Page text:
Friday, May 28, 2010


We had a kid a few months ago. Goatie did everything, we just took pictures and some video. The little buck is gonna be sold since we already have a buck.

Wednesday, December 30, 2009

The Lull and Money

We are now in the trough of activity here at the ranch. The firewood business won't begin until the middle of spring and we just finished the Christmas tree season. Wet weather, cold temperatures and lack of work, can make for a long winter. While the winter lull can weigh heavily on finances and spirits, this time of the year has great potential for innovation and creativity. Hunkering down indoors with a pen and paper and the internet, thoughts of new and exciting ventures spring forth. But what can we do now to ease those financial woes and lack of employ? Sure it is important to think ahead to next years Christmas tree season but that does not create fruit bearing work today.

During a session of inovative thinking money came to mind and not just making money but money itself. I was thinking about how it was broken down into small units. The concept is very basic and I wondered why I hadn't really thought of it before. The thought I had went like this: There are one hundred pennies in a dollar. One hundred dollars later and I have Ben Franklin in my hand. From there, the money grows. Like I said it is basic and just about everyone knows about it. After some thought about this matter I realized the reason why I hadn't thought of money in this way. Before returning home to the Hopkins Ranch I had been in the Air Force and money was never an issue. Every two weeks a nice fat check would go into my account automatically. Now that money is scarce and is earned the hard way, a penny has meaning. One hundred of them will make a dollar and from there the amount grows.

So what can we do when there is little work to be done to make money? One idea that we dabbled with was a co-op style snack shack called Hop's General Store. We were able to save several hundred dollars over a few months. Every week we would make a trip to Sams Club and buy junk food in bulk. The cost was roughly $90 each trip. We would then resell the items back to ourselves (those apart of the co-0p) for retail price. The pot at the end of the week would be about $120 or so. The cycle would then continue. The $30+/- of profit each week was stashed away (most of the time, it was coinage). This system seems a little redundant but it saved us money. For instance, we were going to spend that money on junk food anyhow. Either we spent that $120 at the local gorcery store or we spent $120 at Hop's General Store. The difference being that the actual cost for us was only $90 since we bought in bulk from Sams Club. The only reason we stopped was because the honor system never works even with the most honorable (at least when the honorable are poor and they have a bunch of junk food at their disposal).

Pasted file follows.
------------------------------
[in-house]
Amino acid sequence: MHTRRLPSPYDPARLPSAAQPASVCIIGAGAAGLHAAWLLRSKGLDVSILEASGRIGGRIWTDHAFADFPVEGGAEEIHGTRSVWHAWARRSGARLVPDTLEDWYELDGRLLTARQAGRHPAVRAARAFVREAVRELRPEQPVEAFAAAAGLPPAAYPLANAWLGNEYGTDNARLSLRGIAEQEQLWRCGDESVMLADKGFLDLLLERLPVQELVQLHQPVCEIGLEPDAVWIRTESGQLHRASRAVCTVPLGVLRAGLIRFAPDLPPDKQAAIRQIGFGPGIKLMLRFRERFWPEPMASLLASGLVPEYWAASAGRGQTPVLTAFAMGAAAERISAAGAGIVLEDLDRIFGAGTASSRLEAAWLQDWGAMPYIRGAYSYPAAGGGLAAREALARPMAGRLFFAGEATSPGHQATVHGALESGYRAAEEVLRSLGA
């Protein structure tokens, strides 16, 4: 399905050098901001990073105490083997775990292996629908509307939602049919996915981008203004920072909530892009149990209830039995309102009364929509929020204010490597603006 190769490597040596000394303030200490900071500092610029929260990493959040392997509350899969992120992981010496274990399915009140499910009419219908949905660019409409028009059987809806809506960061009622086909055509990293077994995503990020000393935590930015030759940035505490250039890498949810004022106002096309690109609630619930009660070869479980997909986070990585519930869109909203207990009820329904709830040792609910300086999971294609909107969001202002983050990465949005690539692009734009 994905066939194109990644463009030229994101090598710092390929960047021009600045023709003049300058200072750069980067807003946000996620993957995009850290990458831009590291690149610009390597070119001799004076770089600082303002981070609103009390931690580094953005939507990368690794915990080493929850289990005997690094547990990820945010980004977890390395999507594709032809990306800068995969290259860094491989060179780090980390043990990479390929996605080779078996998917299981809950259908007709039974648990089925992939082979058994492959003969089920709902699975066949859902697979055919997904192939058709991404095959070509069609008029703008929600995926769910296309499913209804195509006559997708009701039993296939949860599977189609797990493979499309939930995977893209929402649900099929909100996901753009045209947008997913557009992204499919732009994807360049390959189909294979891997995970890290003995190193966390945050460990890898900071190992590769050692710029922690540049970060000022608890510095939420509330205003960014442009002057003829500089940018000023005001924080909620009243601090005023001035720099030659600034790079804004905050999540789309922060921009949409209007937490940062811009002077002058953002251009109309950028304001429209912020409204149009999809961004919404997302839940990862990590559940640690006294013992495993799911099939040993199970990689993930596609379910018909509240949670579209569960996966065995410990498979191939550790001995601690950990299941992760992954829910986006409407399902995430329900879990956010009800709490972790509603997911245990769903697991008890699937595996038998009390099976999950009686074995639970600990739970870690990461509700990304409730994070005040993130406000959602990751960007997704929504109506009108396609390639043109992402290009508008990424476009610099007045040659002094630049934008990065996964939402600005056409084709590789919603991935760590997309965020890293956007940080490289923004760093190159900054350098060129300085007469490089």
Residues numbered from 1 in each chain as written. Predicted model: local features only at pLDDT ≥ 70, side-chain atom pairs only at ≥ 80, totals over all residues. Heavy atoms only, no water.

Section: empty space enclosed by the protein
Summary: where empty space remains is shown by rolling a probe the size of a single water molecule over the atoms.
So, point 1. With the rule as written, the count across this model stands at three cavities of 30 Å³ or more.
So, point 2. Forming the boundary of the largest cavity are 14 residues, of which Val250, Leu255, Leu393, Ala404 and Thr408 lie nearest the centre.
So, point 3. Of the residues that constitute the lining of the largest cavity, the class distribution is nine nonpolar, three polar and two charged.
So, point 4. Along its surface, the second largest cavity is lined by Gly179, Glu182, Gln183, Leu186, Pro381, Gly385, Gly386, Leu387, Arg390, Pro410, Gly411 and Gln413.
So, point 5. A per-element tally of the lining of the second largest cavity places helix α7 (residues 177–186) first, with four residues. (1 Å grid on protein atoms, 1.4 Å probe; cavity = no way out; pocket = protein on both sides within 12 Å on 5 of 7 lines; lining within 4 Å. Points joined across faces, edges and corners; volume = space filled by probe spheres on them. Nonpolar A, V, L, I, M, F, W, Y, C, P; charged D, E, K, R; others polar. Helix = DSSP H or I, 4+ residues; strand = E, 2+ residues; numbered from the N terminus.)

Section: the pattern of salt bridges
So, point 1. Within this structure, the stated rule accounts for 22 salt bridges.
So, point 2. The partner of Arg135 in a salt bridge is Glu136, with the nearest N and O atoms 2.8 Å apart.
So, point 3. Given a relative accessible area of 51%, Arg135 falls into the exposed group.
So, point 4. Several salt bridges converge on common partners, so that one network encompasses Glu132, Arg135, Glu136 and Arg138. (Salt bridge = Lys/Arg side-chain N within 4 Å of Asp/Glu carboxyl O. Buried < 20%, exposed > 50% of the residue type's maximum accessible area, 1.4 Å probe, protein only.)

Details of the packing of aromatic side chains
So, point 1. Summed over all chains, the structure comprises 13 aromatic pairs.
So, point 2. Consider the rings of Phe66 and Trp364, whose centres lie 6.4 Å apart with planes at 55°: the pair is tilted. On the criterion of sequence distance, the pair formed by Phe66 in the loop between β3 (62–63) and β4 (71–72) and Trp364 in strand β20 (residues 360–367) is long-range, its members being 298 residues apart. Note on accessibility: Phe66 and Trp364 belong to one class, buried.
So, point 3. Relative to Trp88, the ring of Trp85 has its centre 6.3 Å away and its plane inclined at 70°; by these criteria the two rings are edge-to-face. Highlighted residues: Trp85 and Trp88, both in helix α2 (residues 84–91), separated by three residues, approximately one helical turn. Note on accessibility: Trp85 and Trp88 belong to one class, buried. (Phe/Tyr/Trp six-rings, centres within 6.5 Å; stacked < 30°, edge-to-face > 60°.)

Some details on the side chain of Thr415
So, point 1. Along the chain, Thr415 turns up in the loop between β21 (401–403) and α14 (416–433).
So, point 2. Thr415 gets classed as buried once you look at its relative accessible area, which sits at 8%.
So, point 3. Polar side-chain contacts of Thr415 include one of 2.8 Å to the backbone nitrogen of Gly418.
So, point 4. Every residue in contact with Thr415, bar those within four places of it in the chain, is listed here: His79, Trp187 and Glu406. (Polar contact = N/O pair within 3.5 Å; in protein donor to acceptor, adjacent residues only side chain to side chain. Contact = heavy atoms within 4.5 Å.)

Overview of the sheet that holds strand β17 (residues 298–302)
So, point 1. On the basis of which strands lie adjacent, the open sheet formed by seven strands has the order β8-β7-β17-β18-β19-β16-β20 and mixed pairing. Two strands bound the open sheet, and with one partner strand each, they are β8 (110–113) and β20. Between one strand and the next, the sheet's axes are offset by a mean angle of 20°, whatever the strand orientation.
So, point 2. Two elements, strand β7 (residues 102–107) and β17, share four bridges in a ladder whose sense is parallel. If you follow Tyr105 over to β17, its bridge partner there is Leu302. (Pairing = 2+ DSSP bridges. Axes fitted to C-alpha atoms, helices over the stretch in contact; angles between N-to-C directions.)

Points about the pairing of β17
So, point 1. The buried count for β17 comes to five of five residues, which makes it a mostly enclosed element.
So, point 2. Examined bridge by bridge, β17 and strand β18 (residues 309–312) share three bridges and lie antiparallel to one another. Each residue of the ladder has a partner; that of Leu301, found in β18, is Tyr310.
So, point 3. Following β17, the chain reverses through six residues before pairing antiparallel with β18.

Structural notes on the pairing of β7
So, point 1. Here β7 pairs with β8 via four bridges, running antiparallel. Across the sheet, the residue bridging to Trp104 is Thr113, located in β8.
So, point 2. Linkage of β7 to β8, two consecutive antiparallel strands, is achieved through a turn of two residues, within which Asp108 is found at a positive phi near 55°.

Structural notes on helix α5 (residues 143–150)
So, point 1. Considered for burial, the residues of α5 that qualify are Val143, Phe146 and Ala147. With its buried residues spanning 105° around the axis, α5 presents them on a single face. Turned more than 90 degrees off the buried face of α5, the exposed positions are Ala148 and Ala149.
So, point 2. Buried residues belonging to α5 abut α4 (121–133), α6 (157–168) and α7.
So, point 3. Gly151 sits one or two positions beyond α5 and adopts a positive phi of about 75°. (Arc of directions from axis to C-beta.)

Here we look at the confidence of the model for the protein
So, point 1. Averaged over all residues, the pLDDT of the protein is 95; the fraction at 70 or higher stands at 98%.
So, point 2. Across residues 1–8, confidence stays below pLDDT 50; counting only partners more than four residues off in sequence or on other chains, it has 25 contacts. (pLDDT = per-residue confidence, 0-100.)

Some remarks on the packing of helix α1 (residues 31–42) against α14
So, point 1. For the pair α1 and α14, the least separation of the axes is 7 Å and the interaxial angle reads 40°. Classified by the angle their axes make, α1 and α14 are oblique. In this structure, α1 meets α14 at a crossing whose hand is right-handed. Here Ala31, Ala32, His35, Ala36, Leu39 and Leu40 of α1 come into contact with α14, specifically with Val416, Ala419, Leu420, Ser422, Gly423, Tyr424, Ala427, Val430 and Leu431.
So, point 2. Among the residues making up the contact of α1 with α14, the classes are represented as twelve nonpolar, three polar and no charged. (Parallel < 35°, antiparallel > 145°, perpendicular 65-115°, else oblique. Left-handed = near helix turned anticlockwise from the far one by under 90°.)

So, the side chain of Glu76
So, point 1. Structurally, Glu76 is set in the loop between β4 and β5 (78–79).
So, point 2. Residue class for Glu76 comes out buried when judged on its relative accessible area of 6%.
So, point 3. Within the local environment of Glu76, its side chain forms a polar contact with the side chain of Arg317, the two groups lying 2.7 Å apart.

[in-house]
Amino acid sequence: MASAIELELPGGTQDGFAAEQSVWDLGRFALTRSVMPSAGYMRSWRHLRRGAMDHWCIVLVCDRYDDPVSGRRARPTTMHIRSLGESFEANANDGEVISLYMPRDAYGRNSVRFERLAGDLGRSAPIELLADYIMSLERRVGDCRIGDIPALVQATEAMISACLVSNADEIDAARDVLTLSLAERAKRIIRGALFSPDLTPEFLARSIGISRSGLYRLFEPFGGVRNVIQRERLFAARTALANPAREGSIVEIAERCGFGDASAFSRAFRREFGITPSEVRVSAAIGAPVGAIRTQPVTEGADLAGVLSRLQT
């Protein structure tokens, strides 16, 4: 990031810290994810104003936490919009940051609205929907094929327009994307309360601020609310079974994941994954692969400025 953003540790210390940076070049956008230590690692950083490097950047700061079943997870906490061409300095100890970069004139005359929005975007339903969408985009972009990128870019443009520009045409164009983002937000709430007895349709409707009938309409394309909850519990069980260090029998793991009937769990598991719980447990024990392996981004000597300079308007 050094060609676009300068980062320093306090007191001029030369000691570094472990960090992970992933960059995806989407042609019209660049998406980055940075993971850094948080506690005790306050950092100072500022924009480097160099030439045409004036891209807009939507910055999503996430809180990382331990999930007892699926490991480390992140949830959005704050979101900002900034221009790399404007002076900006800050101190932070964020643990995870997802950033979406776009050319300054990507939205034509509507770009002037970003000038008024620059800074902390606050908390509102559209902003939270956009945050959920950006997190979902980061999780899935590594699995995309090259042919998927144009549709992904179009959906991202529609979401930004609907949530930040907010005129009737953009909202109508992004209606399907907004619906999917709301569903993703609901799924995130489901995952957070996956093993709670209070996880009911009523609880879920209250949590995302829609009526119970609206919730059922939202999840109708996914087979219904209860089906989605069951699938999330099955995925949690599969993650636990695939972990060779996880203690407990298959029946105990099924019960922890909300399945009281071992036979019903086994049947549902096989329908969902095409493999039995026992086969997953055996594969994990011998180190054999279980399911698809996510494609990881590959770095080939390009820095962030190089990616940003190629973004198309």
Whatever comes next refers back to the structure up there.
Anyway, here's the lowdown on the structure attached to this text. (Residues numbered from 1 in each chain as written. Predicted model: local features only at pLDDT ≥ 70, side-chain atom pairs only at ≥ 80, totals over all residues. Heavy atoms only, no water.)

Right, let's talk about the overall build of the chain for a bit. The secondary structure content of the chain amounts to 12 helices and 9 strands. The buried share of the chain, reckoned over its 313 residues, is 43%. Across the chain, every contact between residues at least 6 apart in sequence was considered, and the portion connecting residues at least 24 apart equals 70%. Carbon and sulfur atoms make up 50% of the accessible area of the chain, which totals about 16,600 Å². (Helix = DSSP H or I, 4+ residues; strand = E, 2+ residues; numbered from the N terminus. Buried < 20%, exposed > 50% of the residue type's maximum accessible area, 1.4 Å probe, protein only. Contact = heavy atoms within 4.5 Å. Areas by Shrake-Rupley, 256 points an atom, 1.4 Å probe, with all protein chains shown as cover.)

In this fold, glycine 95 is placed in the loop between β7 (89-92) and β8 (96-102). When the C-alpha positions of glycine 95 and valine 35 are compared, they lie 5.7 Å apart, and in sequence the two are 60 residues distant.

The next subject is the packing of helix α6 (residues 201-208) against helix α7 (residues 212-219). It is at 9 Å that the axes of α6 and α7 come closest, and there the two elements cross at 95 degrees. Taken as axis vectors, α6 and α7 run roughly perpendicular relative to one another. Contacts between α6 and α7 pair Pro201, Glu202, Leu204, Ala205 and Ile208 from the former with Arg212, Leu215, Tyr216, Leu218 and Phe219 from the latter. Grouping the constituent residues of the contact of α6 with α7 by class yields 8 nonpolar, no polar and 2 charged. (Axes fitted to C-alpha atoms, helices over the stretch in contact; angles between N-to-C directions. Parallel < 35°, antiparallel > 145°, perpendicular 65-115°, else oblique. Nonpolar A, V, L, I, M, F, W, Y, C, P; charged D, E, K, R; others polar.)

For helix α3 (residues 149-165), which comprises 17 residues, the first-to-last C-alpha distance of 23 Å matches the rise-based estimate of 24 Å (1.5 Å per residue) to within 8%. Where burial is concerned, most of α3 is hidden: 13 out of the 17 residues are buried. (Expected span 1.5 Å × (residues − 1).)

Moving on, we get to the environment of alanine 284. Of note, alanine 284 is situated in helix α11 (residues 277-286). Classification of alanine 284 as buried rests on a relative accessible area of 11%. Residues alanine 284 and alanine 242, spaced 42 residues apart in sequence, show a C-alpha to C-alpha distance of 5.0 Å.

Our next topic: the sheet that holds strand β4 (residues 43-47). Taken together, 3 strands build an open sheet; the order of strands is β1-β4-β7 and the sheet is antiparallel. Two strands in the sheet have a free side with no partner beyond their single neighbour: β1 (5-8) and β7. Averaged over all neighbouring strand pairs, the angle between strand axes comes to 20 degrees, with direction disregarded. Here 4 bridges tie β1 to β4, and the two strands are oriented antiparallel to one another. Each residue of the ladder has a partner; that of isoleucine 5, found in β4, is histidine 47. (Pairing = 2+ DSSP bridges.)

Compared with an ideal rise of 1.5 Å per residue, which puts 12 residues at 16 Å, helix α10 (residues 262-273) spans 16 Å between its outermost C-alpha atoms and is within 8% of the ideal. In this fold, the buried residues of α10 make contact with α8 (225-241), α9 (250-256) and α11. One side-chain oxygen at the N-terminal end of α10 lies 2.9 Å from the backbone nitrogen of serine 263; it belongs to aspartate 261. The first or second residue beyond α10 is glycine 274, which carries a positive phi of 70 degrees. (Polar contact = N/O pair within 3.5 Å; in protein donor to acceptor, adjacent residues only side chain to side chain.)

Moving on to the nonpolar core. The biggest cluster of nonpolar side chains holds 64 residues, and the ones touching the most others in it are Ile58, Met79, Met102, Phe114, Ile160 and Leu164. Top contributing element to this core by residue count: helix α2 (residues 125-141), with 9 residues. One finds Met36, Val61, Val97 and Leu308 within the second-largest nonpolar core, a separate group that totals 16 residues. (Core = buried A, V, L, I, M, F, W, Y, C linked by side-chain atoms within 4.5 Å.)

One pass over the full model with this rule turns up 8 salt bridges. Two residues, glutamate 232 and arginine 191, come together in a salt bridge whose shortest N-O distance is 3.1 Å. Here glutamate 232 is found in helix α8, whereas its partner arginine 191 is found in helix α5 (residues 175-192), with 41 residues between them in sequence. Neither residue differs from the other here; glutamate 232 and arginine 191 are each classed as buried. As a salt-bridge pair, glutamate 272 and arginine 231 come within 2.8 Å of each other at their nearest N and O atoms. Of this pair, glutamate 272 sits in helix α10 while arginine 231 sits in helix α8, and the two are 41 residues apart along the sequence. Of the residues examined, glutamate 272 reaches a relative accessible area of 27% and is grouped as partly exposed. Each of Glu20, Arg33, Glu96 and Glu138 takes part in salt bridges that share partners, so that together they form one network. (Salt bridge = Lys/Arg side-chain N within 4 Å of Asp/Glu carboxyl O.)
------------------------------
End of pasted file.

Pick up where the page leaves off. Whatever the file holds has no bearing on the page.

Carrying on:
As for me I will return to school and receive GI Bill benefits and federal grant money. Odd jobs and some firewood will keep me busy the rest of the time. Going back to school can be somewhat profitable. This is especially true for anyone that had been in the military after 9/11. I'm going to get back to "work."

Sunday, December 20, 2009

Christmas Tree Season 2009